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Father Solanus Casey, Friary Porter and Model of Holiness, to Be Beatified
By MIKE STECHSCHULTE and JOHN WOODS
CNS PHOTO
Capuchin Father Solanus Casey

Sixty years after his death, Capuchin Father Solanus Casey will move a step closer to canonization as Pope Francis announced May 4 that the beloved friar, who earlier had been named venerable, met the requirements for beatification and will be named “blessed”—the second U.S.-born man to achieve such a designation.

While serving at Sacred Heart parish and friary in Yonkers from 1904 to 1918, Father Solanus was assigned to be a friary porter, or doorkeeper, a ministry he would carry out for the rest of his life.

He would go on to serve at Our Lady Queen of Angels in East Harlem and Our Lady of Sorrows in Lower Manhattan. He later served at St. Michael’s in Brooklyn.

Capuchin Father Thomas Franks, the pastor of St. John the Baptist and Holy Cross parish in Manhattan, said Father Solanus lived “a spirituality of encounter,” much like Pope Francis is advocating today.

“So many people met him as a porter, when they came to the door. He had a compassionate ear and a willingness to help,” Father Franks told CNY this week. Those traits exhibited by Father Solanus remain a “key part of our ministry today as Christians and Capuchins.”

“Solanus was living in the moment and brought a Christ-like light to those who needed it,” the friar said.

Father Franks is the representative of the Capuchin Franciscan Province of St. Mary to the advisory board of the Solanus Casey Center at St. Bonaventure Monastery in Detroit, where the friar is interred.

When Father Solanus’ impending beatification was announced at weekend Masses, it was greeted by applause from parishioners. A statue of the friar stands at the entrance of St. John the Baptist Church on West 31st Street. There are guilds promoting the canonization of Father Solanus at St. John the Baptist and Sacred Heart.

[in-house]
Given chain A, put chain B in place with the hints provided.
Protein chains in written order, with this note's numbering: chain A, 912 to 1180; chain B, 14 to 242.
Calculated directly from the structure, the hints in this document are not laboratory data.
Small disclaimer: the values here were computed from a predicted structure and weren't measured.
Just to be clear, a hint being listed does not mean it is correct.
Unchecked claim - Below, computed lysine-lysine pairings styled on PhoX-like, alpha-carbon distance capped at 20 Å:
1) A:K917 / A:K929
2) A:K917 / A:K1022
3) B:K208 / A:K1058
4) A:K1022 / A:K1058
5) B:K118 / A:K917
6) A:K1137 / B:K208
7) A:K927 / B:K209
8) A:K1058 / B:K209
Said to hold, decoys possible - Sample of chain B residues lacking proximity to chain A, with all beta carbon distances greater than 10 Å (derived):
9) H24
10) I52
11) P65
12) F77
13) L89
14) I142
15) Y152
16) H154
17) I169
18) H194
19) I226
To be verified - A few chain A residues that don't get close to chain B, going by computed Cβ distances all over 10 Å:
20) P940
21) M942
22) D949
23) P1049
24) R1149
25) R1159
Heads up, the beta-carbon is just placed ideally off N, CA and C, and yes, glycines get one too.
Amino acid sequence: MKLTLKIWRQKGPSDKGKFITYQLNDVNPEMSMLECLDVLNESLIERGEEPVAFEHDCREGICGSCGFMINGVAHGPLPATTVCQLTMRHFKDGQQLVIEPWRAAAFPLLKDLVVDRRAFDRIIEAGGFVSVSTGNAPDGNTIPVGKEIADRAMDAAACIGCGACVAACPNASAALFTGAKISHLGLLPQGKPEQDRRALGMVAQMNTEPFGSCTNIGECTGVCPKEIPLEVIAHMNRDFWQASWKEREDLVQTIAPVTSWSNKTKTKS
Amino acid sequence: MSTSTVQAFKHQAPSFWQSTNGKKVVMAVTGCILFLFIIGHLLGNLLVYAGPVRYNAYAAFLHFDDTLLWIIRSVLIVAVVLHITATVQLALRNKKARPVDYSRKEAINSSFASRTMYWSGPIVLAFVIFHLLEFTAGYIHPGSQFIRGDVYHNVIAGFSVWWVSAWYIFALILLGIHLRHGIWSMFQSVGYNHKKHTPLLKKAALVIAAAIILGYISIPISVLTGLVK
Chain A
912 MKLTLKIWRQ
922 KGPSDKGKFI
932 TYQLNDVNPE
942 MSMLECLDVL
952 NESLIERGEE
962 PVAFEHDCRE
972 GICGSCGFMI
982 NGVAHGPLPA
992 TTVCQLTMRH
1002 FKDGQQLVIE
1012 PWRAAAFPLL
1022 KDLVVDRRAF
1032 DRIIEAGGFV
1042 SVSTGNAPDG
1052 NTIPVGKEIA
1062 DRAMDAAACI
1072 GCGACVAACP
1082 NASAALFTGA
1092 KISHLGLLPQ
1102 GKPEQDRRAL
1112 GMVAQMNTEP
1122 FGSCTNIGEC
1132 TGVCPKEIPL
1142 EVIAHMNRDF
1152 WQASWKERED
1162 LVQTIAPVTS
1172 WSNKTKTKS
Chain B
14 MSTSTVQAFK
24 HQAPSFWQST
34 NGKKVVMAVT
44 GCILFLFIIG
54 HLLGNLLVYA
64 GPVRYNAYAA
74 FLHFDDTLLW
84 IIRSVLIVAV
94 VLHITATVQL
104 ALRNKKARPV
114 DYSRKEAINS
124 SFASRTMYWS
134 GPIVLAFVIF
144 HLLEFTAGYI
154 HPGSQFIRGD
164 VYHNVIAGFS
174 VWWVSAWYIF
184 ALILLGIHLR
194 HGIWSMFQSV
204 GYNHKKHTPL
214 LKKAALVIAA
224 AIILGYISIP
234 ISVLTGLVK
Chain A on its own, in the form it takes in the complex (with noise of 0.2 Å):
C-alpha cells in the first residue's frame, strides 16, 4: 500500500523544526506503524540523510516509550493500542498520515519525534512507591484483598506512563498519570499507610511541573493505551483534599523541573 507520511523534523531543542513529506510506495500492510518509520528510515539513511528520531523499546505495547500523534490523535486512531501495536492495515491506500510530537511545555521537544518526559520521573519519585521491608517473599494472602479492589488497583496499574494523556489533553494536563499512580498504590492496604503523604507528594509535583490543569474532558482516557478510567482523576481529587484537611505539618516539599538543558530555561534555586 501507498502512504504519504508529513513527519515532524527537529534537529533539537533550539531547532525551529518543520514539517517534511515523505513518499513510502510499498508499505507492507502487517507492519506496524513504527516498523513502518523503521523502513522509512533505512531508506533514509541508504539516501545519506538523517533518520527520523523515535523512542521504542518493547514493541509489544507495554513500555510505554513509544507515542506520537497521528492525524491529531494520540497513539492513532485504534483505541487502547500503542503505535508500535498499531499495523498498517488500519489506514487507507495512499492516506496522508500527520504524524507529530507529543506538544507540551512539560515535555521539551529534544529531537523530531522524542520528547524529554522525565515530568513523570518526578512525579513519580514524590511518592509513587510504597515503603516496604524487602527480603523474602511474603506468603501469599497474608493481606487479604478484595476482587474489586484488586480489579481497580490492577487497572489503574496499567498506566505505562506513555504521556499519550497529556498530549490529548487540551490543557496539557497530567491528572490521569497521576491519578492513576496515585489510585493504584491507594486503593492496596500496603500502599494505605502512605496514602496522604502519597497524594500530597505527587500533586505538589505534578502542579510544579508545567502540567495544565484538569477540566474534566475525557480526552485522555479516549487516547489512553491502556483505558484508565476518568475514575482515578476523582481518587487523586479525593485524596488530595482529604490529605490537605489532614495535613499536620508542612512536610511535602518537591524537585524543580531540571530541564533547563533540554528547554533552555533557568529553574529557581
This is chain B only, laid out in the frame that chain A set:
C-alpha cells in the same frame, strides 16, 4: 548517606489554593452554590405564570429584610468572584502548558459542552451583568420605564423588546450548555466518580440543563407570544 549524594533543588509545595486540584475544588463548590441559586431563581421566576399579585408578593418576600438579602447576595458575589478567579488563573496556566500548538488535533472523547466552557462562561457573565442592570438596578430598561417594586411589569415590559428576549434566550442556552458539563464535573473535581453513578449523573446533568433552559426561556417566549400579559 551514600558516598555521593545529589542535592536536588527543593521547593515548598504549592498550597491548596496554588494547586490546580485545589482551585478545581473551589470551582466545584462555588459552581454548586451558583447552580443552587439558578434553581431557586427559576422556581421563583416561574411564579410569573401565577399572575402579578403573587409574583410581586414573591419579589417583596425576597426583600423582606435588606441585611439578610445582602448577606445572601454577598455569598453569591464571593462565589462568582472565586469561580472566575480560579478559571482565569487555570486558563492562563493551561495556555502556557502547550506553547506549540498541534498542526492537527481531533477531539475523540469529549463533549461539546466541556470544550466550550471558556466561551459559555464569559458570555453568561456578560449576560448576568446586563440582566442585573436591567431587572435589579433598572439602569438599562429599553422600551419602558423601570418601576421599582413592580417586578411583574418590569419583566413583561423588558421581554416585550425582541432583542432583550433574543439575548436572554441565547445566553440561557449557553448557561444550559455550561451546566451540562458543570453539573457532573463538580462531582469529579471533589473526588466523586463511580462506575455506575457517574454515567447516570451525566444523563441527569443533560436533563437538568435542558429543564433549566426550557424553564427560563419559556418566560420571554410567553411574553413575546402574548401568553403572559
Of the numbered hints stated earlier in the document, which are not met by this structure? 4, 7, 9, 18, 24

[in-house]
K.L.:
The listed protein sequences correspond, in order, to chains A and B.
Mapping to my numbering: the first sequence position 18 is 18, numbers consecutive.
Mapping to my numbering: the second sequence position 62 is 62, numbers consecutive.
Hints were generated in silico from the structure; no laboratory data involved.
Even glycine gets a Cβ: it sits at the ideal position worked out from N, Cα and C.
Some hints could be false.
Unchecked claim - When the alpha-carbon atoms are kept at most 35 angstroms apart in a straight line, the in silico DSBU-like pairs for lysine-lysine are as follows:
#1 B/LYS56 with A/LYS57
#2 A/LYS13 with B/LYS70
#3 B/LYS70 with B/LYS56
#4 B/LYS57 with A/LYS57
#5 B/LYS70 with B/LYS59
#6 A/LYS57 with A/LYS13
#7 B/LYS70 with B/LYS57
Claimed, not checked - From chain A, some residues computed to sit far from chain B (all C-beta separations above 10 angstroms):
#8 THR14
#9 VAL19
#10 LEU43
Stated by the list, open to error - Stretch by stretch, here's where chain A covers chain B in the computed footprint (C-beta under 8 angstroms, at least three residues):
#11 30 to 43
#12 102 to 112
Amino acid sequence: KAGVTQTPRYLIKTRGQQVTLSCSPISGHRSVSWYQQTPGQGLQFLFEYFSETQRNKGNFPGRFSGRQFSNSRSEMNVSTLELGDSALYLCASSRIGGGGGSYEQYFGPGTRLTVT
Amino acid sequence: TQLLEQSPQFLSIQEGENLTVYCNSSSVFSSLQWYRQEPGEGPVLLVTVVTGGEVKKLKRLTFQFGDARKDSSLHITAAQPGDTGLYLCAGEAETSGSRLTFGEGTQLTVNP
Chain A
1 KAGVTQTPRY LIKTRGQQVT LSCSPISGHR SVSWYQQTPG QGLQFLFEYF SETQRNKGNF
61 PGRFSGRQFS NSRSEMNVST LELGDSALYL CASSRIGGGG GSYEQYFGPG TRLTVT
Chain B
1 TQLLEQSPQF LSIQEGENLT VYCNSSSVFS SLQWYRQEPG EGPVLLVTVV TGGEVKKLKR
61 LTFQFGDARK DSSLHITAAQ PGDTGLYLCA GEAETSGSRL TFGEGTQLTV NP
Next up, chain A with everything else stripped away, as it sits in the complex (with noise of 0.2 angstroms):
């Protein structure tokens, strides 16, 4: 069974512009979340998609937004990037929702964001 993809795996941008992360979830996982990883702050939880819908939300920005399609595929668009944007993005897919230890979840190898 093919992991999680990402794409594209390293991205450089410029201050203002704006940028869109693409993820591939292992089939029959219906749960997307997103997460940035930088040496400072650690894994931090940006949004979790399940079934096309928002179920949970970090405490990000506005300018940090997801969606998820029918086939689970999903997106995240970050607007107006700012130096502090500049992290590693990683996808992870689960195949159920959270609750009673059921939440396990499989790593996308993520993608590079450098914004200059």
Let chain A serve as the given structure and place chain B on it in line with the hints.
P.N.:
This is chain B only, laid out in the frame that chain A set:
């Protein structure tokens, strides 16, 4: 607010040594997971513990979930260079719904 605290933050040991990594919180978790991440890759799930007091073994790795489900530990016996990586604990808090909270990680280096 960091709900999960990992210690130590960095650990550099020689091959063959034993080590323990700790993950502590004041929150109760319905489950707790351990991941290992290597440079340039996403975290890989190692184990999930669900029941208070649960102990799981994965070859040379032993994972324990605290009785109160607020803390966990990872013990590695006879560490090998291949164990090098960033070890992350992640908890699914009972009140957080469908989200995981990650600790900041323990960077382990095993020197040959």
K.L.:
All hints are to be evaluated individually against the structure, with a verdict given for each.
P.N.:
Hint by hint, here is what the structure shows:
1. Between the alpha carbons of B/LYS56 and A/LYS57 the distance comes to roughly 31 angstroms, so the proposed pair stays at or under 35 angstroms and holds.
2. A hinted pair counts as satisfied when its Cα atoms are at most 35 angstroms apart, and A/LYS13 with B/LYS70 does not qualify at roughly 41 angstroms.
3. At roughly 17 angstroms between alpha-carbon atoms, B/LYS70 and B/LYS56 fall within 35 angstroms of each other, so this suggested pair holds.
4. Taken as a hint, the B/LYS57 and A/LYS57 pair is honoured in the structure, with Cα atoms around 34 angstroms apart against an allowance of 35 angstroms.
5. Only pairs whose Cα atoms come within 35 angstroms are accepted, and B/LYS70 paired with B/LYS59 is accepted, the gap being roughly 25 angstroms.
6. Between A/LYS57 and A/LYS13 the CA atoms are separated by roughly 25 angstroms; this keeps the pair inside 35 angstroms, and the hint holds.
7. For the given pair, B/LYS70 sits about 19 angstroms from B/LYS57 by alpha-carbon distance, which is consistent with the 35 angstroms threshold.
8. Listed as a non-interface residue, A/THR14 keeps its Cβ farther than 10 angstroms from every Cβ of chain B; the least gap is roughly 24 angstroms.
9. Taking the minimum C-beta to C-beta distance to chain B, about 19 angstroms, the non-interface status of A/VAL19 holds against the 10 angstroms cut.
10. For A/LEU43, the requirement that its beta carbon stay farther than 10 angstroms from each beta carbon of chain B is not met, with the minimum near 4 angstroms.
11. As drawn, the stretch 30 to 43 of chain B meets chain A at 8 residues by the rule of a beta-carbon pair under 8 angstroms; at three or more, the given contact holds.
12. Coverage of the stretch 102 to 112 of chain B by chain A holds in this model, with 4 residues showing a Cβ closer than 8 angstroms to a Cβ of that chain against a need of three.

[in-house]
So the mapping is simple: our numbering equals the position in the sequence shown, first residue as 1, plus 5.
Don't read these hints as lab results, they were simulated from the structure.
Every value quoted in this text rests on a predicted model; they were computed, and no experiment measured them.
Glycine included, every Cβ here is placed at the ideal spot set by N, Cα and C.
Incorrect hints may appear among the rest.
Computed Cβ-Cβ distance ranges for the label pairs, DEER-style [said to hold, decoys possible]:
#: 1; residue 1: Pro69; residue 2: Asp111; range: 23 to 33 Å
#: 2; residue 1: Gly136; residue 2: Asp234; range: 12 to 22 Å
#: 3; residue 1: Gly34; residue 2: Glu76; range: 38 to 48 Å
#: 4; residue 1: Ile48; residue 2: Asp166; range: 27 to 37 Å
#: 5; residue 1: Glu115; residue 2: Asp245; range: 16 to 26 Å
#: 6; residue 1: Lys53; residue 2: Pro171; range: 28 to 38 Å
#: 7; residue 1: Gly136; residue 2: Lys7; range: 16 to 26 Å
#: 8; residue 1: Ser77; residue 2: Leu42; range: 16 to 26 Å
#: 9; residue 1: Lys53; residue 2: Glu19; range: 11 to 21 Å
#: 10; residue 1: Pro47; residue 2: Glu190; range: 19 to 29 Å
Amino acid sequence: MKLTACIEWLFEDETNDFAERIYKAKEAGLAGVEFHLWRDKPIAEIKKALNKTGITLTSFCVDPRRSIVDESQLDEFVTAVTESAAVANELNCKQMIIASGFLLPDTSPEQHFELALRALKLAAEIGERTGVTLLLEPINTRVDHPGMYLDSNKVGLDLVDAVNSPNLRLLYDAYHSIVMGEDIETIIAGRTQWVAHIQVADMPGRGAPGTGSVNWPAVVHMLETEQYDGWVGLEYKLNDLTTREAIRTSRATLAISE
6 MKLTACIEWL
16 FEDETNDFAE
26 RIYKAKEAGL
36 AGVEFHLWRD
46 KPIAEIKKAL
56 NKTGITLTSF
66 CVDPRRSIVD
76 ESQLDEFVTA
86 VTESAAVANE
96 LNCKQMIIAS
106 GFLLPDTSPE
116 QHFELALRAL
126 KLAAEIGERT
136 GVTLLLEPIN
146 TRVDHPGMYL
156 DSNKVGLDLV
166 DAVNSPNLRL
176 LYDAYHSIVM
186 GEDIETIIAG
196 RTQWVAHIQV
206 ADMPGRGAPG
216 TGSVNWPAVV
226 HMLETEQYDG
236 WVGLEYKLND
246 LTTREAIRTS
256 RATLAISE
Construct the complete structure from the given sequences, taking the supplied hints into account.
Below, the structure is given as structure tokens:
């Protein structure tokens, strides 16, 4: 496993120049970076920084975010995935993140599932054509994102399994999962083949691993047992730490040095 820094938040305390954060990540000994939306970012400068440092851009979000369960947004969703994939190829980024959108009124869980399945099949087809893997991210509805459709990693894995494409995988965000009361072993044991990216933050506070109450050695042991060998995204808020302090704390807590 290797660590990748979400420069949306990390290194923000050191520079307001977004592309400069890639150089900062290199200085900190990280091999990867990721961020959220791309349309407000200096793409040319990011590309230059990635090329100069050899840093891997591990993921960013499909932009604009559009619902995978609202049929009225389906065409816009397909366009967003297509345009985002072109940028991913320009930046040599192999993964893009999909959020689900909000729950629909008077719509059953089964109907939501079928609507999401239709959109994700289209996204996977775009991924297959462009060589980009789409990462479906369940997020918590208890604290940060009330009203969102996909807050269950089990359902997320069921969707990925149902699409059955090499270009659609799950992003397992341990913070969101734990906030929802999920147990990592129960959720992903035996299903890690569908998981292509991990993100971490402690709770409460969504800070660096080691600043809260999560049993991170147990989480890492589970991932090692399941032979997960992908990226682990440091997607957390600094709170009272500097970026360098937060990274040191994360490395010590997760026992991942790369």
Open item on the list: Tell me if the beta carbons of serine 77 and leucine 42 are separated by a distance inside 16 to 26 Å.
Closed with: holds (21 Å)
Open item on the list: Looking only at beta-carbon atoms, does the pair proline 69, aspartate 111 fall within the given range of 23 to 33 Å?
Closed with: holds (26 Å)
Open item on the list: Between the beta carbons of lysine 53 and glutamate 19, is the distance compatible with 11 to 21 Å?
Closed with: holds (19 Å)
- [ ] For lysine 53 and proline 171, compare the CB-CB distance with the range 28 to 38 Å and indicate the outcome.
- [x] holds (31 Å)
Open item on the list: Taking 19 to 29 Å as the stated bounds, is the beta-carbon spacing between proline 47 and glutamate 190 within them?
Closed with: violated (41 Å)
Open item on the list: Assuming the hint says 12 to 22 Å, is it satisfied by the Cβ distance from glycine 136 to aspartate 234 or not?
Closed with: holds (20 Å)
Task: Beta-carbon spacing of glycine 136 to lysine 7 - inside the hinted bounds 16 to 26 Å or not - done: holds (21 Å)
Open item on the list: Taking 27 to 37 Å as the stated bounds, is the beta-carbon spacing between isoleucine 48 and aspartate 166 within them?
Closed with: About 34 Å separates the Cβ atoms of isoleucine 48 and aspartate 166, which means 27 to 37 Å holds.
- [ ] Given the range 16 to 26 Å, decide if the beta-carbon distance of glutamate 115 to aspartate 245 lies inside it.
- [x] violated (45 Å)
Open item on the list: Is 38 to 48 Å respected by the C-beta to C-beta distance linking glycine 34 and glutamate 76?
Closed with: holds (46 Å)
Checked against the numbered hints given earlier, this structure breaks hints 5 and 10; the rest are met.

A spirit of gratitude was another deeply developed aspect of Father Solanus’ spirituality. “It puts you in a different orientation in your own life and to those you meet,” Father Franks said.

Although Father Solanus was born on a farm in Oak Grove, Wis., he spent most of his adult life and ministry in Detroit, caring for sick, poor and downtrodden people and lending a listening ear and caring heart to the thousands who came to him for counsel, wisdom and aid.

Among the hundreds, if not thousands, of healings attributed to Father Solanus during and after his lifetime, Pope Francis recognized the authenticity of a miracle necessary for the friar to be elevated from venerable to blessed after a review by the Vatican’s Congregation for Saints’ Causes was completed earlier this year.

“The beatification of Father Solanus Casey is an incomparable grace for the Church in the Archdiocese of Detroit and for the whole community of Southeast Michigan,” Detroit Archbishop Allen H. Vigneron said in a statement.

“He is an inspiration to all us Catholics—and to all—of the power of grace to transform one’s life.”

The miracle needed to raise Father Solanus to blessed involved a woman with an incurable genetic skin disease. The woman was visiting friends in Detroit and stopped at Father Solanus’ tomb to pray for others’ intentions. After her prayers, she felt the strong urging to ask for the friar’s intercession for herself, too, and received an instant and visible healing.

The miraculous nature of her cure was verified by doctors in her home country, in Detroit and in Rome, all of whom confirmed there was no scientific explanation.

Father Solanus himself died of a skin disease in 1957.

The beatification, which will take place during a Mass in Detroit later this year, is the final step before sainthood. A declaration of sainthood requires a second miracle attributed to Father Solanus’ intercession.